8Common (ASX:8CO) Share Price Is Lower On Quarterly Report

Today, expense management and funding disbursement company 8Commmon (ASX: 8CO) submitted its quarterly report, showing a second consecutive quarter of increased cash burn and a lack of growth in receipts from customers. This has seen the share price drop to around 12.5 cents per share.

A few months ago, I opined that 8Common might be worth buying in a sell off, because it should benefit as its customers do more travel, once the pandemic is over. Unfortunately, the pandemic is still not over, but as it happens, the stock has now reached my target buying range of 11c to 13.5c, and I will put a small bid in after publishing this article.

However, one thing to keep in mind is that the company has increased its cash burn over the last half, as you can see below:

On the plus side, the company says this is due to the costs of implementing its previously announced large Card Hero Life Without Barriers (LWB) contract, and that “The roll out is progressing well with CardHero beta cards in live production (and transacting) and LWB expected to go live within the current quarter”. That means we should see some impact from the contract in the second quarter of FY 2022.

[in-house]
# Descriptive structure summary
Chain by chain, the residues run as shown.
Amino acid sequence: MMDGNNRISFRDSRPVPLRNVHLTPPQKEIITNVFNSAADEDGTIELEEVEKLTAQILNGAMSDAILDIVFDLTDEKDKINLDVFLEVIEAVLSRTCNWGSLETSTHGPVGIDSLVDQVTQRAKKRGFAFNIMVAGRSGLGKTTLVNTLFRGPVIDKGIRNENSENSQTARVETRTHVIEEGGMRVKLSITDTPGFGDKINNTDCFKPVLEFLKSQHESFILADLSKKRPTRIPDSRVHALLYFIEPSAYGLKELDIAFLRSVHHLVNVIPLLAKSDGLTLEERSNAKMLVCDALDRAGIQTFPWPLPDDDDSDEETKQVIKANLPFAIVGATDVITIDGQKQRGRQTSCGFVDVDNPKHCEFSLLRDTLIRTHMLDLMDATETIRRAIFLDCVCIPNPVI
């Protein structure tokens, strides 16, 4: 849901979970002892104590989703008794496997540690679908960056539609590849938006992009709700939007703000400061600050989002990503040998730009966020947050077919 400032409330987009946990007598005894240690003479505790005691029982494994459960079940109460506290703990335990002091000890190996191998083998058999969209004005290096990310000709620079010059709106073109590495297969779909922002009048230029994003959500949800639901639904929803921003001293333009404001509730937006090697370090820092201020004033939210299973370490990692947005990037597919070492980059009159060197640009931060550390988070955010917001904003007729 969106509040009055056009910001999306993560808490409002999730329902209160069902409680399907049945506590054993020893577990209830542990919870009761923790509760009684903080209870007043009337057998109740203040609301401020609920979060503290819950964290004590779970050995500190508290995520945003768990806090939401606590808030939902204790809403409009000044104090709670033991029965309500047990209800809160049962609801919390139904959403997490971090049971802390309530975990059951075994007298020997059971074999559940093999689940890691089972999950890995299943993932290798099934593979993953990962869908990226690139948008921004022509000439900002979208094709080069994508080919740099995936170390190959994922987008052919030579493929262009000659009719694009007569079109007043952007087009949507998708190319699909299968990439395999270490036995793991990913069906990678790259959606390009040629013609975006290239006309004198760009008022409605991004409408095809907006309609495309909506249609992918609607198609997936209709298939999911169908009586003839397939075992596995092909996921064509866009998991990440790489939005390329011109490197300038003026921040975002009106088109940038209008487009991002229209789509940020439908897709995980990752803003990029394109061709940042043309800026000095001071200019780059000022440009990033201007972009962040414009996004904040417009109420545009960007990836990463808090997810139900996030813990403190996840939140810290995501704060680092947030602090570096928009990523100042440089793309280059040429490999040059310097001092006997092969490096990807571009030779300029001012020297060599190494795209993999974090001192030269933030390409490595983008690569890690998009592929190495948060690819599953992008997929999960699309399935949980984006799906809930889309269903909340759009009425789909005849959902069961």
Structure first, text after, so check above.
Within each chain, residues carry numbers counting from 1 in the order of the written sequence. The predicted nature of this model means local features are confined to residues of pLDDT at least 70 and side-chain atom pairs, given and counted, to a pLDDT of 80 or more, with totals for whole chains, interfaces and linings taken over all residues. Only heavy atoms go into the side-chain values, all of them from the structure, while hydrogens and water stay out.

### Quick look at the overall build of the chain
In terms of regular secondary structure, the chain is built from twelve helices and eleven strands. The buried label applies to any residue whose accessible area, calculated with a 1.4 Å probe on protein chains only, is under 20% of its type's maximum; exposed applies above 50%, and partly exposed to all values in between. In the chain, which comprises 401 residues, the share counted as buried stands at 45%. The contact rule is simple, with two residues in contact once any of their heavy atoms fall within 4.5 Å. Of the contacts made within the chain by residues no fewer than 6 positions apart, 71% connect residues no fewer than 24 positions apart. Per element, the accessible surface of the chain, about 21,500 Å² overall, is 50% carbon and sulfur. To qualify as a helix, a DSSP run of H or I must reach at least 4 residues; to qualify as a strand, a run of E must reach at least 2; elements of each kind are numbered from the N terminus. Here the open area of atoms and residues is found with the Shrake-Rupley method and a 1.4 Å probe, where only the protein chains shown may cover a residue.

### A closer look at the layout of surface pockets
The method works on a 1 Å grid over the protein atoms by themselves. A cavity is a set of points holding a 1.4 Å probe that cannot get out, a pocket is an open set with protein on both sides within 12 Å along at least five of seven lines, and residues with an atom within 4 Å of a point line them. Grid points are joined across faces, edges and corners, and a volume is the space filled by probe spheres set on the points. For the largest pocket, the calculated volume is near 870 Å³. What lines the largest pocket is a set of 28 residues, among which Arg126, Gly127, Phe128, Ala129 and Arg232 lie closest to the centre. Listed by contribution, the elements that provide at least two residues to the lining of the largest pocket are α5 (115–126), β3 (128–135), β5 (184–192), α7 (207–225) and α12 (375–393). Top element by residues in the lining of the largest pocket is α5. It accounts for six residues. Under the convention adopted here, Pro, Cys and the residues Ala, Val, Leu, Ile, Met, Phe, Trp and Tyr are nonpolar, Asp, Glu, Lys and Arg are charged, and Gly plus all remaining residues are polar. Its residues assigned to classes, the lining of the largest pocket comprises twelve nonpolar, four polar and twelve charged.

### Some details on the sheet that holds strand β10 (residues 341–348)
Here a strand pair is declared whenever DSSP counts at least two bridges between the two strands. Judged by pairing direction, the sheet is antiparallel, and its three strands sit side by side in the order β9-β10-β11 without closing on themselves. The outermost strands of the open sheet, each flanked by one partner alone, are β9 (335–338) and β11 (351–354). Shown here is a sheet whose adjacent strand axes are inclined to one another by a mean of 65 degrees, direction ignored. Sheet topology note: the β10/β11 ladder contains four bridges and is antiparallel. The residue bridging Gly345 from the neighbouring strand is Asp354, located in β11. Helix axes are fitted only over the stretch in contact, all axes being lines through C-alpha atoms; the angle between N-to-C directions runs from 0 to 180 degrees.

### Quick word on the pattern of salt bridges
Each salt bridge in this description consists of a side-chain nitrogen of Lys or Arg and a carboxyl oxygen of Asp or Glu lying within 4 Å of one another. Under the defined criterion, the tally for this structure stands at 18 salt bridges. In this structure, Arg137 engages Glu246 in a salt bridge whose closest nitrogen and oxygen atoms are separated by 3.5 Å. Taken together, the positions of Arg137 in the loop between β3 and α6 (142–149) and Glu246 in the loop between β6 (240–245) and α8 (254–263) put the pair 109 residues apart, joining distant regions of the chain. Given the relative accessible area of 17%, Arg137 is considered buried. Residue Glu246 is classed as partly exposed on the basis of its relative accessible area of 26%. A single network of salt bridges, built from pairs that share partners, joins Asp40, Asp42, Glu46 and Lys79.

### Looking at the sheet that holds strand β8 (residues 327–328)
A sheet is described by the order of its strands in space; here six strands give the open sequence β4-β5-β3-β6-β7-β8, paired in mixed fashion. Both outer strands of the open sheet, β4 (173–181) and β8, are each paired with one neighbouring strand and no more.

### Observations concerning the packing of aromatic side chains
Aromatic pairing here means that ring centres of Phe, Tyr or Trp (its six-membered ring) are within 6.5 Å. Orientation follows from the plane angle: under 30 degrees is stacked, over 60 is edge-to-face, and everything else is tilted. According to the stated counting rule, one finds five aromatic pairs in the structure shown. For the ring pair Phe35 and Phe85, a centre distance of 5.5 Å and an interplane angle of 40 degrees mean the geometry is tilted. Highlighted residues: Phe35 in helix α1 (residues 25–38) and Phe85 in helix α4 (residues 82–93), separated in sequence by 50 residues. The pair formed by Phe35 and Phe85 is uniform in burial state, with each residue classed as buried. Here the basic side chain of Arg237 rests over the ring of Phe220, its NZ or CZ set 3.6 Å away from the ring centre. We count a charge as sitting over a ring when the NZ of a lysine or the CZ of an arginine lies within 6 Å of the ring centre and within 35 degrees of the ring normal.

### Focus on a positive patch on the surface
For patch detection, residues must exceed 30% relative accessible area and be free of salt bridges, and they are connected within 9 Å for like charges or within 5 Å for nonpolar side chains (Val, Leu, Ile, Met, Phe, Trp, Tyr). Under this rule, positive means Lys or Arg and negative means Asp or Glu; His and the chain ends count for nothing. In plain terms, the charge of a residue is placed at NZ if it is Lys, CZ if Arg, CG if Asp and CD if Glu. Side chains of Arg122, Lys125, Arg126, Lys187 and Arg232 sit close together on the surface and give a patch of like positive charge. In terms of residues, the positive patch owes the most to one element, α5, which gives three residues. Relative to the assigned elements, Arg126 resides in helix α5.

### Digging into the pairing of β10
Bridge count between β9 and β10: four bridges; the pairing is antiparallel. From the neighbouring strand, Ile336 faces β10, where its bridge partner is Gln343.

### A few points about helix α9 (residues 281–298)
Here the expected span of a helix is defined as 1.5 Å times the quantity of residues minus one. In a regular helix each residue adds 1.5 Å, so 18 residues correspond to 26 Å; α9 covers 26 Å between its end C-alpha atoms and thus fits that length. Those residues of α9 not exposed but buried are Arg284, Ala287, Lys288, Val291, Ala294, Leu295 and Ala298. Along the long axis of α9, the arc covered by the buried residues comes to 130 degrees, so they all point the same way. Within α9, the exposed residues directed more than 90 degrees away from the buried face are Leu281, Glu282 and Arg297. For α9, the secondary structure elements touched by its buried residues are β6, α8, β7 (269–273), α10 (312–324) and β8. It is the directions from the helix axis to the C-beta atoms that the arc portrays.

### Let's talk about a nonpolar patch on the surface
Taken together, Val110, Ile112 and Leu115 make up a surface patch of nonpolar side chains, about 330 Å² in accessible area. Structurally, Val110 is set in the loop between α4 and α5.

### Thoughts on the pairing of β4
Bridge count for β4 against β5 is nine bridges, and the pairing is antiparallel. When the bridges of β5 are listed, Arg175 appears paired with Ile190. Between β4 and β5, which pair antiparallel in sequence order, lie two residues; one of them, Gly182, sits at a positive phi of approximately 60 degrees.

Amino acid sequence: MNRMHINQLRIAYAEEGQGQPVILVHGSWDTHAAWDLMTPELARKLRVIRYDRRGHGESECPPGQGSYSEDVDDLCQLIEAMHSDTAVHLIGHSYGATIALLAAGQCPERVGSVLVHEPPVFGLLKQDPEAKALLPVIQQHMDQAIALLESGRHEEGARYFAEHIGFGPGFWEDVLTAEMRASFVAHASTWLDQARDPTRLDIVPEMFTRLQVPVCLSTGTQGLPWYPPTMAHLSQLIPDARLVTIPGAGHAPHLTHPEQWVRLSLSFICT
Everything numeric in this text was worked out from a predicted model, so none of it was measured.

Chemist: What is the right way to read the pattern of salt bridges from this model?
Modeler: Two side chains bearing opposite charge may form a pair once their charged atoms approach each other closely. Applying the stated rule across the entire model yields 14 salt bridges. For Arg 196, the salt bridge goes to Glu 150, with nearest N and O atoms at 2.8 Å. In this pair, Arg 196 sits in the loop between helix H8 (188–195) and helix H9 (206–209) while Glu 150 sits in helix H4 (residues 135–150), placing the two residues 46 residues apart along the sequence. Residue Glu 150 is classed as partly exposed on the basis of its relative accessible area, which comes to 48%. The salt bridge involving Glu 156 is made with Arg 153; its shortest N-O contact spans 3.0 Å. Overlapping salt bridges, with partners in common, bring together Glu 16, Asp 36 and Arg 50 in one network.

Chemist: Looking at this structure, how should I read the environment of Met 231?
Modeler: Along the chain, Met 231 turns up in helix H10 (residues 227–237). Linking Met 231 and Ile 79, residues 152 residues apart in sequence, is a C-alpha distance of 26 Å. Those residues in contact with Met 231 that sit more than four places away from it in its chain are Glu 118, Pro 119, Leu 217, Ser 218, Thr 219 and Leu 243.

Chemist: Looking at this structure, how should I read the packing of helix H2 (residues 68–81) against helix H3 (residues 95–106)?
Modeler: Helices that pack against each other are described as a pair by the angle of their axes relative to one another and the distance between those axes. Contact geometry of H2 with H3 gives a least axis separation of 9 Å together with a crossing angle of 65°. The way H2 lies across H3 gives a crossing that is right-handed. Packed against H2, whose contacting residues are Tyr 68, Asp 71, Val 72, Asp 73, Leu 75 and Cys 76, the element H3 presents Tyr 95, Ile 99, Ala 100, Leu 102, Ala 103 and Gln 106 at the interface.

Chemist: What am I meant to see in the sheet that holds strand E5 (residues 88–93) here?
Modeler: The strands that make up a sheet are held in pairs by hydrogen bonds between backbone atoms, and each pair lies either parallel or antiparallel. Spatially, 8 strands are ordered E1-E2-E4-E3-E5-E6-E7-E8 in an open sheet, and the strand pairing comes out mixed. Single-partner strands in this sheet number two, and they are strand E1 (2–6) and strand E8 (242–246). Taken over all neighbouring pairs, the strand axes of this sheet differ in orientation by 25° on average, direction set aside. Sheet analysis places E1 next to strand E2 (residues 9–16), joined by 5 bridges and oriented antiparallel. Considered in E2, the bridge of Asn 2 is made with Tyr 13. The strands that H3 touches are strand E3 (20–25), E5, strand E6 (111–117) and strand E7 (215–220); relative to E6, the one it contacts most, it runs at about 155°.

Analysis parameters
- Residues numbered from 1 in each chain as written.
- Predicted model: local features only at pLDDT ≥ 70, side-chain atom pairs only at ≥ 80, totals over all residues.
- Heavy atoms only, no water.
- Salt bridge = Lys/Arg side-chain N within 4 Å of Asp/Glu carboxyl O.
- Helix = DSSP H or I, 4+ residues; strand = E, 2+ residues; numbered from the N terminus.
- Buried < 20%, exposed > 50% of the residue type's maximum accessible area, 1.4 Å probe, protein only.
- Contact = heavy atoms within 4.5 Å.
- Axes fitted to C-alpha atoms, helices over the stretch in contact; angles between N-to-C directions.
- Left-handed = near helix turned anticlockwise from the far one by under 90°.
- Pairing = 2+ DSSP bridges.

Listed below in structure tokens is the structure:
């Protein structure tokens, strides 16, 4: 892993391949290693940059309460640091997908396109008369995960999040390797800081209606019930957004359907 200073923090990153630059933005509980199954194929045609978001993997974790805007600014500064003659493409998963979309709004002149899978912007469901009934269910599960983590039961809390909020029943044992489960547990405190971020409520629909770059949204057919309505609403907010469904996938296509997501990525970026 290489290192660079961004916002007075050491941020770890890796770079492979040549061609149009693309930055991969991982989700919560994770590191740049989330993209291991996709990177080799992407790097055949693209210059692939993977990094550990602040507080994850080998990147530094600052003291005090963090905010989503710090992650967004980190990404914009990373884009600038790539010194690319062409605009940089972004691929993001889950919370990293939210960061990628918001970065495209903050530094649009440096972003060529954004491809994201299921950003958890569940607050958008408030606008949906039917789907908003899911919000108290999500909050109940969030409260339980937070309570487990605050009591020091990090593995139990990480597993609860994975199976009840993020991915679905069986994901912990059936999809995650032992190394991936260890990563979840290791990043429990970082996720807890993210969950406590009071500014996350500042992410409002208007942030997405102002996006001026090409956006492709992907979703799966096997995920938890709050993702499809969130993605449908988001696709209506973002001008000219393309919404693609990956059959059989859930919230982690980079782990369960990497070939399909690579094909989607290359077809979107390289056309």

Overall, it remains to be seen whether the company actually can start growing in a sustained way, but it still looks to me as if it could. Generally speaking, I think management is too promotional, and this isn’t a high conviction holding for me, but I’m willing to make it a slightly larger position since it is currently only trading at around $26 million, and seems likely to finally start growing in the coming twelve months. However, the risk here is that the much touted growth never eventuates, in which case, the stock is massively overvalued given its lack of profitability.

Please remember that these are personal reflections about a stock by author. I own shares in 8Common and may even be active in the stock in the coming days (although I will not sell any shares for at least 2 business days after this article). This article should not form the basis of an investment decision. It is an investment diary valuable only for the cognitive process it demonstrates. We do not provide financial advice, and any commentary is general in nature. Please read our disclaimer.